Prior to bidding on this post, I researched Macedonia extensively. As a "hardship" post, I wanted to be aware of the difficulties associated with life here in Skopje. I read about the problems with inadequate medical facilities, the occasional power outages, the unavailability of certain goods and services. I felt as though we could manage this unpleasantness and survive a tour here.
After arriving in Skopje, I started to wonder why this is even considered a "hardship" post. Life here up to this point has been very comfortable for our family, but in the last few weeks, things got a bit challenging.
A tour of the local children's' respiratory hospital a couple months ago was quite scary, and I pray daily that we will never find ourselves needing serious medical attention. Though the doctor providing our tour was genuinely kind, sincere, and very professional, the facility was overcrowded, dirty and depressing. Stories of inadequate care and medicines, lack of sanitation, and having to bribe doctors for attention run rampant among our Macedonian friends. A friend whose father suffered a stroke, possibly due to the another doctor's error, waited hours for the attending physician to evaluate his condition. Complaints or threats to sue are met with laughter and even worse care. Bringing doctors food, gifts, or money is apparently the best way to get screened, according to some of our Macedonian friends. Hospitals may have the latest medical equipment, but there may not be anyone adequately trained to use it. These are some of the problems regarding medical care here in Macedonia. Fortunately, we have a wonderful Health Unit at the Embassy to handle non-emergency problems, so our exposure to these conditions is unlikely. I am very grateful for the friendly, qualified nurses and for the monthly visits from the regional Physicians Assistant.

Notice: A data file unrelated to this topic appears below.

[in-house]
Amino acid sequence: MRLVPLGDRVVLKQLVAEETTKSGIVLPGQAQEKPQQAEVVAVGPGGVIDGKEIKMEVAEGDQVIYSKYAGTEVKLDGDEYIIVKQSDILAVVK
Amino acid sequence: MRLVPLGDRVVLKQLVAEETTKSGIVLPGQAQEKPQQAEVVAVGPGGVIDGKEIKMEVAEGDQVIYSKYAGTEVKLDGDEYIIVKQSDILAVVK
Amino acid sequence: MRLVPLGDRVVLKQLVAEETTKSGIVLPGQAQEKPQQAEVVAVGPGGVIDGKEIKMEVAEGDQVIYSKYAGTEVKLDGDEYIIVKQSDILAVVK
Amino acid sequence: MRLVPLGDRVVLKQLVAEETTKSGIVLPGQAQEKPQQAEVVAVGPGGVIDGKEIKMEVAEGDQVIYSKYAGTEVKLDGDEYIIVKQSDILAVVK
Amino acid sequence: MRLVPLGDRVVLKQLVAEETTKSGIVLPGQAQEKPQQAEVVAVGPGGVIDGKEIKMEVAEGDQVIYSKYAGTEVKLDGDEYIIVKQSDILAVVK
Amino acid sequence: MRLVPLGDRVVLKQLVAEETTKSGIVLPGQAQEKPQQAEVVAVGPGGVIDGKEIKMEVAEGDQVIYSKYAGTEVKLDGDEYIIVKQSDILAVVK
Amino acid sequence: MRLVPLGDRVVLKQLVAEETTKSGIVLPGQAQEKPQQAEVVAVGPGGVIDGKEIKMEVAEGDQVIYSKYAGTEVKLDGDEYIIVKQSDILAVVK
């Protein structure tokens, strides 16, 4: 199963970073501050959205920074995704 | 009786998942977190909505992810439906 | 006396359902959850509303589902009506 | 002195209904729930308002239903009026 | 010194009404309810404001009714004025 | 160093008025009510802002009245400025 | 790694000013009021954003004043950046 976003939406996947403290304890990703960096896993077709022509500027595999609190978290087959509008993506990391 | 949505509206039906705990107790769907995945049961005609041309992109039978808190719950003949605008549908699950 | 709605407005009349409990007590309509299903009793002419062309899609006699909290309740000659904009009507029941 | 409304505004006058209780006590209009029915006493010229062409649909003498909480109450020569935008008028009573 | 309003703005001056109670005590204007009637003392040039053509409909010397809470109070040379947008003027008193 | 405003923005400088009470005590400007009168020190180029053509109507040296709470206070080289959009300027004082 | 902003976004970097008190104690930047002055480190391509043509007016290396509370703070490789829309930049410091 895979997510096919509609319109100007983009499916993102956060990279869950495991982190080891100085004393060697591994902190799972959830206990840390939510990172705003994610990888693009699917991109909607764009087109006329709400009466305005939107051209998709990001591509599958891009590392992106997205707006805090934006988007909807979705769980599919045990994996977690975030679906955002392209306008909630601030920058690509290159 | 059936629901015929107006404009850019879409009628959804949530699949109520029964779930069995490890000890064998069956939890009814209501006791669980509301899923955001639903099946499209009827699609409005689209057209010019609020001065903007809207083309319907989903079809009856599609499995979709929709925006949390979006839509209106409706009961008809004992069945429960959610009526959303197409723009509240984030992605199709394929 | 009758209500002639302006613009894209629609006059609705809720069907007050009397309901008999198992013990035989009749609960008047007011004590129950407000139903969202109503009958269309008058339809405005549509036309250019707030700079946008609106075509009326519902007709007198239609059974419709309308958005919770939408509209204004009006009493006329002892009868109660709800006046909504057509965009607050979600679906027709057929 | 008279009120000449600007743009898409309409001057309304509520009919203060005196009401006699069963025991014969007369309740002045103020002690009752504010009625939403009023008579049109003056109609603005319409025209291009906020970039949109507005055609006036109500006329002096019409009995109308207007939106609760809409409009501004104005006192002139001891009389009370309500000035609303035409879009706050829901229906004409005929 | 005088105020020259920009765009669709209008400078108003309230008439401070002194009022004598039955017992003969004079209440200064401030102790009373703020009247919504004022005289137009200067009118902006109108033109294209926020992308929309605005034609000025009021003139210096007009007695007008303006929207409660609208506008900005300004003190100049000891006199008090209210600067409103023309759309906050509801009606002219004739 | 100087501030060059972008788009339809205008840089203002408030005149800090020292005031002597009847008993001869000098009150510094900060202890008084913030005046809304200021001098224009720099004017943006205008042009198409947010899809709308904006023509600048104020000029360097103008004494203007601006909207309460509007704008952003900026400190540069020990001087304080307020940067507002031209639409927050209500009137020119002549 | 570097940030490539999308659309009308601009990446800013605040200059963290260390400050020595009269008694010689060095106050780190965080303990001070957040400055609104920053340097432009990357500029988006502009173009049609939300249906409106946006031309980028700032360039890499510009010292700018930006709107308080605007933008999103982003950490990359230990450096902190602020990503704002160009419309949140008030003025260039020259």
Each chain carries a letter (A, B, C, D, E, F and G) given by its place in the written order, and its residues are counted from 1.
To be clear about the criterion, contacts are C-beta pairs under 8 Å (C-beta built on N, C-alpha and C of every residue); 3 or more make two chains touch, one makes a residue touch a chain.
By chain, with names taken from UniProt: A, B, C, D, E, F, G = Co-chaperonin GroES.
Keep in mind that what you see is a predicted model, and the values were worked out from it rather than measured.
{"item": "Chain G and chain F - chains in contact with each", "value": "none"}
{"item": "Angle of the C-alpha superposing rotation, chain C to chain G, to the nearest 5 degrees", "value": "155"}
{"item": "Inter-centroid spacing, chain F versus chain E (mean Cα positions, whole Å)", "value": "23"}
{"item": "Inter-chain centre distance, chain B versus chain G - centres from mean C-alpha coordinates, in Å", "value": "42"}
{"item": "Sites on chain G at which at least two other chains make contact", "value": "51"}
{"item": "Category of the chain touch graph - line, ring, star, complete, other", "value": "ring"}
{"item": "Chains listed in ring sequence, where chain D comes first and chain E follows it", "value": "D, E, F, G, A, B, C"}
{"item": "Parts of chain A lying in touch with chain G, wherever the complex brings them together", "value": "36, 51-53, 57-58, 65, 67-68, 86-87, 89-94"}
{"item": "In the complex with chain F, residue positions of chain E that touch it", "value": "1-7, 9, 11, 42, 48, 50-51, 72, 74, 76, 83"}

Power issues have become a serious problem for many of the people I know here, both Embassy staff and locals. With the extra needs for power due to the cold and the holiday season, supply has been lacking. Our babysitter loses power every night only to have it restored in the morning, leaving her and her two sons without heat at the coldest point in the day. Several families have inadequate levels of electricity flowing to their homes and rely on generators to power their appliances. We ourselves have experienced a few power outages and a decrease in power to our home. I guess it is like a "power drain". Some parts of the house have full power, others have none or simply not enough. For instance, the stove will work, but it will take an hour to boil a pot of water. The washer will turn on and circulate the clothes, but doesn't have enough power to spin, so I have to wring out the clothes by hand. Our front driveway gate must be opened manually and our microwave stopped working for several weeks. Granted, these are minor inconveniences for the most part, considering how difficult life is for some others, but when you are trying to feed 5 kids and keep their clothes clean, you miss the microwave and washing machine!!
Add to that the fact that our street was never cleared or plowed after nearly a foot of snow fell, and I understand now why Skopje deserves it's "hardship" designation! I am still very happy to be here and am still considering ways to extend our time in Skopje, but I think it should continue to be labeled as a "hardship".